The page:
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What is Latex?

Latex is a natural product and has come a long way before it reaches your closet.

From nature to your closet: the long journey of latex

Rubber trees grow on large plantations in countries such as Malaysia, India and Brazil. The bark of these trees is scratched to extract the white latex sap. This sap is called latex milk and contains up to 20% natural rubber. To extract the rubber from the latex milk, it is thickened and then treated with diluted acetic acid. The rubber is then dried. Every year, around 7.6 million tons of rubber are produced and manufactured in 17 different countries.

The yellowish-colored natural rubber initially has no firm properties. It is a tough mass that slowly deforms over time under its own weight, which is known as “viscoelasticity”. Latex clothing and many technical applications of rubber were only made possible by the discovery of vulcanization by Charles Goodyear in 1839. Rubber consists of long hydrocarbon chains that can move freely and thus provide the viscous consistency. During vulcanization, the rubber is heated under pressure together with sulphur and other additives. The sulphur cross-links the chains together and gives the material additional stability and elasticity. The material properties can be precisely controlled by the sulphur content – the more sulphur, the harder and less elastic the latex becomes. The best way to imagine the material properties is like a rung ladder: The raw natural rubber corresponds to the loose stiles of the ladder – without rungs, they can move freely. Through vulcanization, the sulphur acts like the rungs that connect the stiles to each other – the more rungs are installed, the more stable the ladder becomes.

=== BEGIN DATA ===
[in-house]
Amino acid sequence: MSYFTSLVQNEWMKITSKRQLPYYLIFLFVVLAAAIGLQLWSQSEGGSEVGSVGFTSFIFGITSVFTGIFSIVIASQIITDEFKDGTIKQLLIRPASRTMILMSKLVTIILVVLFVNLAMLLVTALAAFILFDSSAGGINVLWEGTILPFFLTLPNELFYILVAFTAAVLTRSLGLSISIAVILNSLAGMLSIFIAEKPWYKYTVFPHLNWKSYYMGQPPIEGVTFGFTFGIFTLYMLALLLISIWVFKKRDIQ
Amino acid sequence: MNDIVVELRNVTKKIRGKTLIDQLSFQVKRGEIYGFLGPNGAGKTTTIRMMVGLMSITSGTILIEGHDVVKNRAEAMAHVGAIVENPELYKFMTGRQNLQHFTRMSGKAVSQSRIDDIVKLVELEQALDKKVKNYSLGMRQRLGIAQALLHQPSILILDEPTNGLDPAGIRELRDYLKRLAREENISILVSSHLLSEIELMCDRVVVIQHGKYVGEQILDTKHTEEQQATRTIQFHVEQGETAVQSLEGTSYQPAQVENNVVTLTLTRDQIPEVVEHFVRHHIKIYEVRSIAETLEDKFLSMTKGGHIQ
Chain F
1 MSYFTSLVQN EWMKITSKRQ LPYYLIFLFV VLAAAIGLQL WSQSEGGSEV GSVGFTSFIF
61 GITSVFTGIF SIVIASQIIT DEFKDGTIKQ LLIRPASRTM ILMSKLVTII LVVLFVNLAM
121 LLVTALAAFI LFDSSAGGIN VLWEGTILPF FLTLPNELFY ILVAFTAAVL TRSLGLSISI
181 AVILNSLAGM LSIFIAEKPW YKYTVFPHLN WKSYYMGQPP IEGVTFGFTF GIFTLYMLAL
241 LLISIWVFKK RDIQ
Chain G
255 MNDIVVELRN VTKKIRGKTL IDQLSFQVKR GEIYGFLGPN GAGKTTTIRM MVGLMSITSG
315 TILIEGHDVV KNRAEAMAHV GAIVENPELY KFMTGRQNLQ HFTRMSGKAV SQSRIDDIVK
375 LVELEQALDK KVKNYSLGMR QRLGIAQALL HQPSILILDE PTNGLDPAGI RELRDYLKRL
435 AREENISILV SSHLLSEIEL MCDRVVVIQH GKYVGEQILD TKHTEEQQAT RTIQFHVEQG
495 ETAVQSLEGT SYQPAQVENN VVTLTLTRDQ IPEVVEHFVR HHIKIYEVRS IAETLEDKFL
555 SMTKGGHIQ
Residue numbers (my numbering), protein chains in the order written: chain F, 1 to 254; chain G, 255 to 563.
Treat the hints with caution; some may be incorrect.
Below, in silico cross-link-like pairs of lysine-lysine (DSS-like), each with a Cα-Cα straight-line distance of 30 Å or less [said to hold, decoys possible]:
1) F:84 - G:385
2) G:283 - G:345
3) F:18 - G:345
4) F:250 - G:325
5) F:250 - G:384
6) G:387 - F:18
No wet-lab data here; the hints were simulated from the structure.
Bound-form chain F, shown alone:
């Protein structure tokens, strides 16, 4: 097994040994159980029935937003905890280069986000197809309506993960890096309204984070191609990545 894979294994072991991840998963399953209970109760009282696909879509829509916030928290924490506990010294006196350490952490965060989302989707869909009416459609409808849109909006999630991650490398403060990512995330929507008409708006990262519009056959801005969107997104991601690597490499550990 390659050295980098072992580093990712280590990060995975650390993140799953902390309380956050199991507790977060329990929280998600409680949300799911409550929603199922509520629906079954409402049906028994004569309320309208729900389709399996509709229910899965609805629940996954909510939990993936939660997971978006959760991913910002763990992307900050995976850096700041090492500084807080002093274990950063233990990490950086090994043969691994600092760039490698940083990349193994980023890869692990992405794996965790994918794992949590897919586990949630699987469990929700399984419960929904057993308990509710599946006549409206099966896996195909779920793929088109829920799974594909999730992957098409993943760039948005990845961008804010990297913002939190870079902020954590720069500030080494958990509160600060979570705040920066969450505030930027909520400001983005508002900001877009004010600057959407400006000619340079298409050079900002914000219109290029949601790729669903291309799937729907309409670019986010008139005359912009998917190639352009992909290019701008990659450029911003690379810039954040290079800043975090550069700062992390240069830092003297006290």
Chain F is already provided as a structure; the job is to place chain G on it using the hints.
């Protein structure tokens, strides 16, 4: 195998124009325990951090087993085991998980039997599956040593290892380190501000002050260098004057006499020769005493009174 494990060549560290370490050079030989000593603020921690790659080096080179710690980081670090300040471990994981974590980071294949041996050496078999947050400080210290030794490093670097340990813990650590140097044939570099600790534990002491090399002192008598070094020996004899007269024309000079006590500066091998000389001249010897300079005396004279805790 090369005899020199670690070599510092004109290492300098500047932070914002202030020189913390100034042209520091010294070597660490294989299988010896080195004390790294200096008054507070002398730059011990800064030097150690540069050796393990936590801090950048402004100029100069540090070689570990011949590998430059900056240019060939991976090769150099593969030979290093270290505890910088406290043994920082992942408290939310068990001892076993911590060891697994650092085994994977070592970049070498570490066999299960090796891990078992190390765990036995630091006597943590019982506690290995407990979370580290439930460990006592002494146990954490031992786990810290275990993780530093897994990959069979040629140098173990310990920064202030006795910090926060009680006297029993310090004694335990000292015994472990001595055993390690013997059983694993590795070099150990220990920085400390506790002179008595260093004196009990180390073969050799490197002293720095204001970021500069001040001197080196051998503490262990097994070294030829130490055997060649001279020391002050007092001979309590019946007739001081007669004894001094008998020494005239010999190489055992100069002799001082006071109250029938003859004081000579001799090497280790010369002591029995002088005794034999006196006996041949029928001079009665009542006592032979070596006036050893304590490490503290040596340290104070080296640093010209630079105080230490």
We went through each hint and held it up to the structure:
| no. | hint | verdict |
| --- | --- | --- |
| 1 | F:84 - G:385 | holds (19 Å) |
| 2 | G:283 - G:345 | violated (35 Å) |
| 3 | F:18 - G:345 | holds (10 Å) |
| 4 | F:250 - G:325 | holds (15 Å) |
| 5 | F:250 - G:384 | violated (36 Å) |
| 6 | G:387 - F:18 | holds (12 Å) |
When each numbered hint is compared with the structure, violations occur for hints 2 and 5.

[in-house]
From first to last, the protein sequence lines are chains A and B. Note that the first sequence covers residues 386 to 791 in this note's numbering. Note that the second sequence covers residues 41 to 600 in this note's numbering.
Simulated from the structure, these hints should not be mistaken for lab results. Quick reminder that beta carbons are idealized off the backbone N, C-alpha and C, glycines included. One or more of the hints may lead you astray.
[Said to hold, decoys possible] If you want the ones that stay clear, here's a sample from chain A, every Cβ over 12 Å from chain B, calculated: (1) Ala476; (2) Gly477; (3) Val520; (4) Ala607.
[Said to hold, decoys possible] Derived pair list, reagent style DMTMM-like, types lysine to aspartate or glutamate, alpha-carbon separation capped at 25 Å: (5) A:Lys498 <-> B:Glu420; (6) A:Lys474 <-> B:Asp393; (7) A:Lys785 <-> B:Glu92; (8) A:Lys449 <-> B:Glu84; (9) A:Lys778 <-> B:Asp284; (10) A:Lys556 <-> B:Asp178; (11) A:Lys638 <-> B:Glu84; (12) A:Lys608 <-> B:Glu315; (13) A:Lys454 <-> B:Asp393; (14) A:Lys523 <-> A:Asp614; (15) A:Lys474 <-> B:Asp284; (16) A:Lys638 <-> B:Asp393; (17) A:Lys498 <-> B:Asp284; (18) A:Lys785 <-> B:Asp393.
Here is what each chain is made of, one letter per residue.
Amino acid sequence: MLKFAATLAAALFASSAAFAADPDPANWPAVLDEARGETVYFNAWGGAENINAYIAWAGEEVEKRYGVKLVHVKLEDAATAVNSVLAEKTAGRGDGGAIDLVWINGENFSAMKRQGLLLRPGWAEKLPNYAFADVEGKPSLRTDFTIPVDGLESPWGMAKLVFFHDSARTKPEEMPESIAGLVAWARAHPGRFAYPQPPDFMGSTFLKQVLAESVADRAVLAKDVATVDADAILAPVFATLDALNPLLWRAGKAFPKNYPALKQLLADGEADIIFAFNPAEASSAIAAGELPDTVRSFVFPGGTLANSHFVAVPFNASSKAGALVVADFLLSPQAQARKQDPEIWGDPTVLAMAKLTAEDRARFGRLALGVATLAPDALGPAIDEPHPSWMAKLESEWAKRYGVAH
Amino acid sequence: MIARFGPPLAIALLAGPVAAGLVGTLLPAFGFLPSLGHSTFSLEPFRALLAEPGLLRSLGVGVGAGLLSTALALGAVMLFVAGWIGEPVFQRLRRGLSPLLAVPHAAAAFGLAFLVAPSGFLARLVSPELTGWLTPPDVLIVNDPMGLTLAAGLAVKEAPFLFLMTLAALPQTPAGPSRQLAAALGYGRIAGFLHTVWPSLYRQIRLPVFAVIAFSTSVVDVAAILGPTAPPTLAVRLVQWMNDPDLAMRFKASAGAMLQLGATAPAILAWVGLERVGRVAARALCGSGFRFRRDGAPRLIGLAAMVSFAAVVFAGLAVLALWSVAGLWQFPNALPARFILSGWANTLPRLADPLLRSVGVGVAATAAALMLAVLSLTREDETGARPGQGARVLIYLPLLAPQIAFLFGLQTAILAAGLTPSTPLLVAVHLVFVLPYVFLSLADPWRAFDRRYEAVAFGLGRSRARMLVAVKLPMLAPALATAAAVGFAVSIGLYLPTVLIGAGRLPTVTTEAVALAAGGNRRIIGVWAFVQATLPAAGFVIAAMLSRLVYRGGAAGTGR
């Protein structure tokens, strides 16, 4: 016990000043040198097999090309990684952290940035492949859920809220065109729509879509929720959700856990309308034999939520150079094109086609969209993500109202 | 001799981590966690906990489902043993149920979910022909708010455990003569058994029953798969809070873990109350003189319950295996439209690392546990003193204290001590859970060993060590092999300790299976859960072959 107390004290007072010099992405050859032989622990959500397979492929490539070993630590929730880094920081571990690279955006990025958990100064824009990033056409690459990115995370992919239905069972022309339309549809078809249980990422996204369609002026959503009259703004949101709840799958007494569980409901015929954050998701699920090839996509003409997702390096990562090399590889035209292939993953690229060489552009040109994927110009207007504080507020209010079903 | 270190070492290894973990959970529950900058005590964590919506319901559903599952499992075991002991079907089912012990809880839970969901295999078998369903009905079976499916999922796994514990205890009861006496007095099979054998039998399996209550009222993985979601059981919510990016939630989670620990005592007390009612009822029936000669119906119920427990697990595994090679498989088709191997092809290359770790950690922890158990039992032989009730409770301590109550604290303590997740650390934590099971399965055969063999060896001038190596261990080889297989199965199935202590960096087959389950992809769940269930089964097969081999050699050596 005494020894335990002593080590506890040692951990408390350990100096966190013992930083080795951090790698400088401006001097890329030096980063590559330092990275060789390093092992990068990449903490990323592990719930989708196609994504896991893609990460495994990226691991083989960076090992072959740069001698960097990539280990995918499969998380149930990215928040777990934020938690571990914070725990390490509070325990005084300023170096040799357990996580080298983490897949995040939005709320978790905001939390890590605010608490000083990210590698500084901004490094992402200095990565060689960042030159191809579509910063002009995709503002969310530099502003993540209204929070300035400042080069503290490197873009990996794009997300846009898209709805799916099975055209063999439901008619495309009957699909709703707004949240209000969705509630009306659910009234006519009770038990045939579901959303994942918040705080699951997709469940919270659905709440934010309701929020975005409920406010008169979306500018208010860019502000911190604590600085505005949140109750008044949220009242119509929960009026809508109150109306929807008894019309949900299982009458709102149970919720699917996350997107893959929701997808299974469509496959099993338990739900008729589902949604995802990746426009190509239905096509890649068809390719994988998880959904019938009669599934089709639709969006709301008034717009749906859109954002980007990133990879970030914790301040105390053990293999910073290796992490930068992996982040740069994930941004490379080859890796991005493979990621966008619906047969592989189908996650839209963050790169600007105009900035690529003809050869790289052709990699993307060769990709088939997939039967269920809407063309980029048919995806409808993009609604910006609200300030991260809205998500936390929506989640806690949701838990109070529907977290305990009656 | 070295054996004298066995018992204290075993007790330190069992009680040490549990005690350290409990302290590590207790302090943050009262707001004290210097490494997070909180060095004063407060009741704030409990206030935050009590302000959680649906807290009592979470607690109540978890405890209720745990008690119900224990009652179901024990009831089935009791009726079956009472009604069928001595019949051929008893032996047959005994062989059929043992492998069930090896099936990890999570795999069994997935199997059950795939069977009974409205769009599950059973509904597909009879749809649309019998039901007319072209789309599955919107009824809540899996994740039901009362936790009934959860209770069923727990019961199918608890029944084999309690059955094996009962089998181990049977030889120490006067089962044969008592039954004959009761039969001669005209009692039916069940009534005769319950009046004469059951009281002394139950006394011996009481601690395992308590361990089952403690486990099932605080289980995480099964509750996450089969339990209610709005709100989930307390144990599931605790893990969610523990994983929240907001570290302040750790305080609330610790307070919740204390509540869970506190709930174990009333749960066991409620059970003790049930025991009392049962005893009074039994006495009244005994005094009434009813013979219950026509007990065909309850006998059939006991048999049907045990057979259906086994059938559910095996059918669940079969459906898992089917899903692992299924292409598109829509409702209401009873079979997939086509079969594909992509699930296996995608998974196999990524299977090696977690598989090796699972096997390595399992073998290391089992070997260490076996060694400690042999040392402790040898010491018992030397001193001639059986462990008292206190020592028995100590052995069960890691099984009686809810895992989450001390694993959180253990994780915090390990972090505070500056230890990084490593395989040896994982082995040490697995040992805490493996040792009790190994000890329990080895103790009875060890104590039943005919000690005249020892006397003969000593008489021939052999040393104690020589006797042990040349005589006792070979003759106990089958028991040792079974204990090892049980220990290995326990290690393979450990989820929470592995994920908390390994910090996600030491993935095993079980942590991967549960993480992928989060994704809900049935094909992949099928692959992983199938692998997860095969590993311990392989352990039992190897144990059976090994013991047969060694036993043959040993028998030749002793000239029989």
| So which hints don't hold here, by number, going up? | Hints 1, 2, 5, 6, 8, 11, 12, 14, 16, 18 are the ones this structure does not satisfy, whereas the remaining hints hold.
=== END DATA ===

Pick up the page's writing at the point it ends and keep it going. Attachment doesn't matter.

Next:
Only a small amount of sulphur is used for latex clothing. This creates an elastic material, similar to a wobbly ladder with movable beams. The latex is produced directly in sheets and then bonded with an adhesive that imitates the vulcanization process and holds the latex layers securely together.